A week at 'the cottage' to work and play
Thu, Aug 4, 2016
For the last few years I have been fortunate enough to see my art practice grow. A few years before that, I had almost quit. As a practicing artist since 2002, I came across a few rough patches, on a personal and on a professional level. One day I woke up and realized I was miserable because I wasn’t painting, and decided to look for opportunities that would help me grow artistically, create relationships, and be more involved in the arts community. Those challenges are still there, but I made the right decision to carry on with what I love.
Volunteering, exhibiting, doing talks and supporting art organizations are just some of the changes I made. Then in 2015 I tried something different and did two residencies: one at Spark Box Studios and one at the Wildlife Research Station in Algonquin Park. I had never applied for a residency before; I had a studio, I was painting again, so why bother?
Before I answer that question, let me give you some background information. I was working four days a week at a job I didn’t like but it paid for a car, a house, a few trips and for art supplies. But I only painted on evenings and weekends which led to me being exhausted and not creating my best work. Knowing this and knowing that if I had more time and less distractions I could do better, that’s when I started to look at residencies.
When I went to Spark Box, I had a plan: do whatever I wanted without worrying about being consistent with my previous work. I had a full week of studio time. Most of the work I created ended up being painted over, but I was okay with that, because without that residency I wouldn’t have created the work that now gets me excited when I walk into my studio. All I did was create very quick tiny paintings, something I had never done. I had fun re-arranging them on the wall as an installation and played with titles and themes.Why is this important? Because when I was in my studio, I just painted. I didn’t have enough time really to think about the work. The freedom to relax and think about my work without distraction is precious time.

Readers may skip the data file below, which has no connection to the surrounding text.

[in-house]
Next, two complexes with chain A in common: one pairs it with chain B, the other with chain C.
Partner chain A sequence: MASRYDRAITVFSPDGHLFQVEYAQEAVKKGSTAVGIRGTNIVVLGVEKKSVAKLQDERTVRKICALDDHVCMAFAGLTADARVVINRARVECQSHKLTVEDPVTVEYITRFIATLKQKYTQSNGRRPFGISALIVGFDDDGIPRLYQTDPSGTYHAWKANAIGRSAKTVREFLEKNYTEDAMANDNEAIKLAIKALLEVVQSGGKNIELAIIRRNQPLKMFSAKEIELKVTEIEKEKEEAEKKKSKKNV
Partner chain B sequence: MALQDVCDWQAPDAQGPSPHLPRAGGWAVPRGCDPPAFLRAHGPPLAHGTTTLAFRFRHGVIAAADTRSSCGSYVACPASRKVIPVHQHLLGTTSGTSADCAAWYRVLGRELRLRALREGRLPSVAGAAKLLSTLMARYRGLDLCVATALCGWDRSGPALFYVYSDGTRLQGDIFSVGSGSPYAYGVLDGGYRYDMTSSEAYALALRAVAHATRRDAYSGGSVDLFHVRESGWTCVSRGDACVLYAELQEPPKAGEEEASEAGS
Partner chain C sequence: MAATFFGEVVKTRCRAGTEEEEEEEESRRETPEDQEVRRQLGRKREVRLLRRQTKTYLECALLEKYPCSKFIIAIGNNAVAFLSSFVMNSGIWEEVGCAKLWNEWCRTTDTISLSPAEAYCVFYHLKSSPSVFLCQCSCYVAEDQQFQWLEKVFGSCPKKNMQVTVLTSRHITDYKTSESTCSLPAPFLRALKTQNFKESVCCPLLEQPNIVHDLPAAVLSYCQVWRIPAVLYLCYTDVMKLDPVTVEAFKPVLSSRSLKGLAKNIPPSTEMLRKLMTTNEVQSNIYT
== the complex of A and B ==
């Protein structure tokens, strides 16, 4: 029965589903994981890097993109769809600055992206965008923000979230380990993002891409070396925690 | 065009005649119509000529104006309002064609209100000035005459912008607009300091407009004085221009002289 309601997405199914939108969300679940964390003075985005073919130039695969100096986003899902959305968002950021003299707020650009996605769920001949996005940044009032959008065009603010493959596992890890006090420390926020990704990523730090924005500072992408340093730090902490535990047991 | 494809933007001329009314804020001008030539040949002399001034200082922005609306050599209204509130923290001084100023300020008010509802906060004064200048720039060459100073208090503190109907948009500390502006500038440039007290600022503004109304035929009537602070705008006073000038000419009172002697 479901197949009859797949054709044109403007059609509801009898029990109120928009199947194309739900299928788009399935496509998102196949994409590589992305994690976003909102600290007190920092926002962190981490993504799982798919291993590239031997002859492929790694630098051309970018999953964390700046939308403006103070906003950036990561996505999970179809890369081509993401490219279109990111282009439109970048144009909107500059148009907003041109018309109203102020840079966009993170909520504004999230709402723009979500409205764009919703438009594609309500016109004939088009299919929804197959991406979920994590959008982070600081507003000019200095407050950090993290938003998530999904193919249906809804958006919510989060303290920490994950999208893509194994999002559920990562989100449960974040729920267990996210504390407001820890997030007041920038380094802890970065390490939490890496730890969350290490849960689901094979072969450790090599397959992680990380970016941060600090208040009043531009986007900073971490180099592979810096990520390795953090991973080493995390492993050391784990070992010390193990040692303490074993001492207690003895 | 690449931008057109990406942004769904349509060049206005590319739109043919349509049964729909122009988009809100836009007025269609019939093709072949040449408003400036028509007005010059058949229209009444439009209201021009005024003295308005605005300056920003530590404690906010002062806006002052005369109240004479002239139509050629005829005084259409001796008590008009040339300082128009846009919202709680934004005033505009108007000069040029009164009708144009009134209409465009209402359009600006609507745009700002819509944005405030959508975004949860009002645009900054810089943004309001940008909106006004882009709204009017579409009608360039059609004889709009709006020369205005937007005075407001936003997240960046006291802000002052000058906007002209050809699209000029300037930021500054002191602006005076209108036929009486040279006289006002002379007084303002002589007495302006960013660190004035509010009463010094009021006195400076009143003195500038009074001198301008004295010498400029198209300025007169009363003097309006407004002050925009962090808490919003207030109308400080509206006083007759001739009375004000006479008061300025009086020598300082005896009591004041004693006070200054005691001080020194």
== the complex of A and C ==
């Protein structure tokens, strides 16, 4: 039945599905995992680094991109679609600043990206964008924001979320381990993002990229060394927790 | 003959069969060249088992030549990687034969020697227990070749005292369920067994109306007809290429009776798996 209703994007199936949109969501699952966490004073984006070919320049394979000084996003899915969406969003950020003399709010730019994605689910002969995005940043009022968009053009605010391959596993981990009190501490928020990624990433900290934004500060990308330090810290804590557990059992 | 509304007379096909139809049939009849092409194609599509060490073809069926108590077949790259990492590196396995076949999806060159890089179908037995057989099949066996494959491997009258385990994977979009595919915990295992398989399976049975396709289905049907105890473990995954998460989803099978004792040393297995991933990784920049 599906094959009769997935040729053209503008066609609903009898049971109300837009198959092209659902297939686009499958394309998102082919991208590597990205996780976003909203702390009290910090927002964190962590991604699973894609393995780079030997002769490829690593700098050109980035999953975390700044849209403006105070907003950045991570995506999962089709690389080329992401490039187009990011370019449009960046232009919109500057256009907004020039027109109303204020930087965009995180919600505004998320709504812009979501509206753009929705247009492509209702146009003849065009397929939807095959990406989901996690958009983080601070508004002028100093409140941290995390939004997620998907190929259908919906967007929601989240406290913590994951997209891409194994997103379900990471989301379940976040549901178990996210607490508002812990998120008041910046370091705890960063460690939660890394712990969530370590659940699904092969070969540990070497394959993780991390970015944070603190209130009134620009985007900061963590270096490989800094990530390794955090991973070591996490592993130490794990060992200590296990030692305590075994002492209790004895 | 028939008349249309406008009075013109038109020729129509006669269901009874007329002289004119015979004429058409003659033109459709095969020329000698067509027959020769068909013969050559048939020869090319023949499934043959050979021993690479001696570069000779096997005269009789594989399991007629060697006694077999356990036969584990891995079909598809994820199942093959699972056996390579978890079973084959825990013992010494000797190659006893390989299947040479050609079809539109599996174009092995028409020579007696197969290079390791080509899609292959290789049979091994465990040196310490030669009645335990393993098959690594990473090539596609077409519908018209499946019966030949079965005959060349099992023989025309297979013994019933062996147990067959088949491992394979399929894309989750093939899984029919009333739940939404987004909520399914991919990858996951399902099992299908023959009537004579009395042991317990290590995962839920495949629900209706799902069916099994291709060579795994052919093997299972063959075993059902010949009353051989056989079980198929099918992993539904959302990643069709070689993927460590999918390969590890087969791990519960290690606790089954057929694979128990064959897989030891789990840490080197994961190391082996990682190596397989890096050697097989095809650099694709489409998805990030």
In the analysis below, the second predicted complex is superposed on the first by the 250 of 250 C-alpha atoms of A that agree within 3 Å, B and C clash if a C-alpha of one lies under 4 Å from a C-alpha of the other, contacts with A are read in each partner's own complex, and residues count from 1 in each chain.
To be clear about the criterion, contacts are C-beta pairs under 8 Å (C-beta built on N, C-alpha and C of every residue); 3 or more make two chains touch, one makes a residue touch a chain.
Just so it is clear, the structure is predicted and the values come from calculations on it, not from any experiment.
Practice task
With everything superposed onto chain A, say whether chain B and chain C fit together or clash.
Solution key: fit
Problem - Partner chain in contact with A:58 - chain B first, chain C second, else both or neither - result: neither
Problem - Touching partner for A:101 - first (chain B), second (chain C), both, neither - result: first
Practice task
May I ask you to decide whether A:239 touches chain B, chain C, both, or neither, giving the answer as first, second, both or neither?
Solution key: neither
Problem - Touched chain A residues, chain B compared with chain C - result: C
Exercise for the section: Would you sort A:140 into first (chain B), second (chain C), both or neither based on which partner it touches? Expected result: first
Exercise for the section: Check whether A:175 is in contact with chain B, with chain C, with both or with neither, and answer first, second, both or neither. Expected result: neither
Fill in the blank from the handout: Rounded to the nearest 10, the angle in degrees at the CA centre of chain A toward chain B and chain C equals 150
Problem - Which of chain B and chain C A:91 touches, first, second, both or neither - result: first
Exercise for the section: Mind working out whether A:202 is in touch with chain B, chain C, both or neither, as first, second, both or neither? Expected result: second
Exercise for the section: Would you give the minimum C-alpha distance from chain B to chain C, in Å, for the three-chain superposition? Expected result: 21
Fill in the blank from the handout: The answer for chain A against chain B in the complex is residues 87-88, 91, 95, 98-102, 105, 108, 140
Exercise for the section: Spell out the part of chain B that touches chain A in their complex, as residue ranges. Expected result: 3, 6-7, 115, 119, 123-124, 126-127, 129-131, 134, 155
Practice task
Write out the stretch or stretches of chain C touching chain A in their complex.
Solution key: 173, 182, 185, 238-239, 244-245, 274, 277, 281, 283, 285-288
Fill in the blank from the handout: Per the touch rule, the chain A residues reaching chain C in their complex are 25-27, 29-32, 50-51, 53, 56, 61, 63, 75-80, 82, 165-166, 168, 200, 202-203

On the other hand, the Algonquin Park residency was completely different. I didn’t create a single painting. Accompanied by a writer, I took photographs and notes during long hikes in the park. We had decided this residency was going to be about creating experiences and some documentation. The creative work came later.
Three months later I left my job, took my pension savings and created The Cottage Creative Residency. I wanted the Outaouais to have a place where creative people could do what I did. If you are constantly struggling with lack of studio space, lack of time, maybe even lacking some peace and quiet, residencies are a great solution.
The Cottage is an artisan house with a pine interior. Common spaces include the kitchen, living room, two balconies, a patio and a lounge area in the 2nd floor studio. Our plan is to welcome three residents, but currently we have two studio spaces and two bedrooms ready. There is a large studio overlooking the river on the 2nd floor, and the attic space for smaller projects, researchers or writers.
What I think is important to know when applying for a residency with us, is that we don’t expect you to work all the time. Take one of our beach cruisers and go for a ride, kayak along the shores of the river, or go for a hike at the Luskville Falls. Better yet, sit on the balcony facing the river and play some ukulele or read a book on the sandy beach. We have so much to offer and if you’re anything like me you’ll want to take advantage of everything because in the end it’ll help you get your mind in the right place to produce the work you want.
And finally, our goals for 2017 and 2018 are to launch an online store called “Le Dep”, a slight nod to the many “dépanneur” stores in our area, a blog highlighting work by our residents and a yearly publication. We welcome themed proposals utilizing our boards, kayaks, bikes and the landscape, and encourage paired artist applications. We hope to offer something familiar and unique at the same time : a week at the cottage, with a bit of work and play.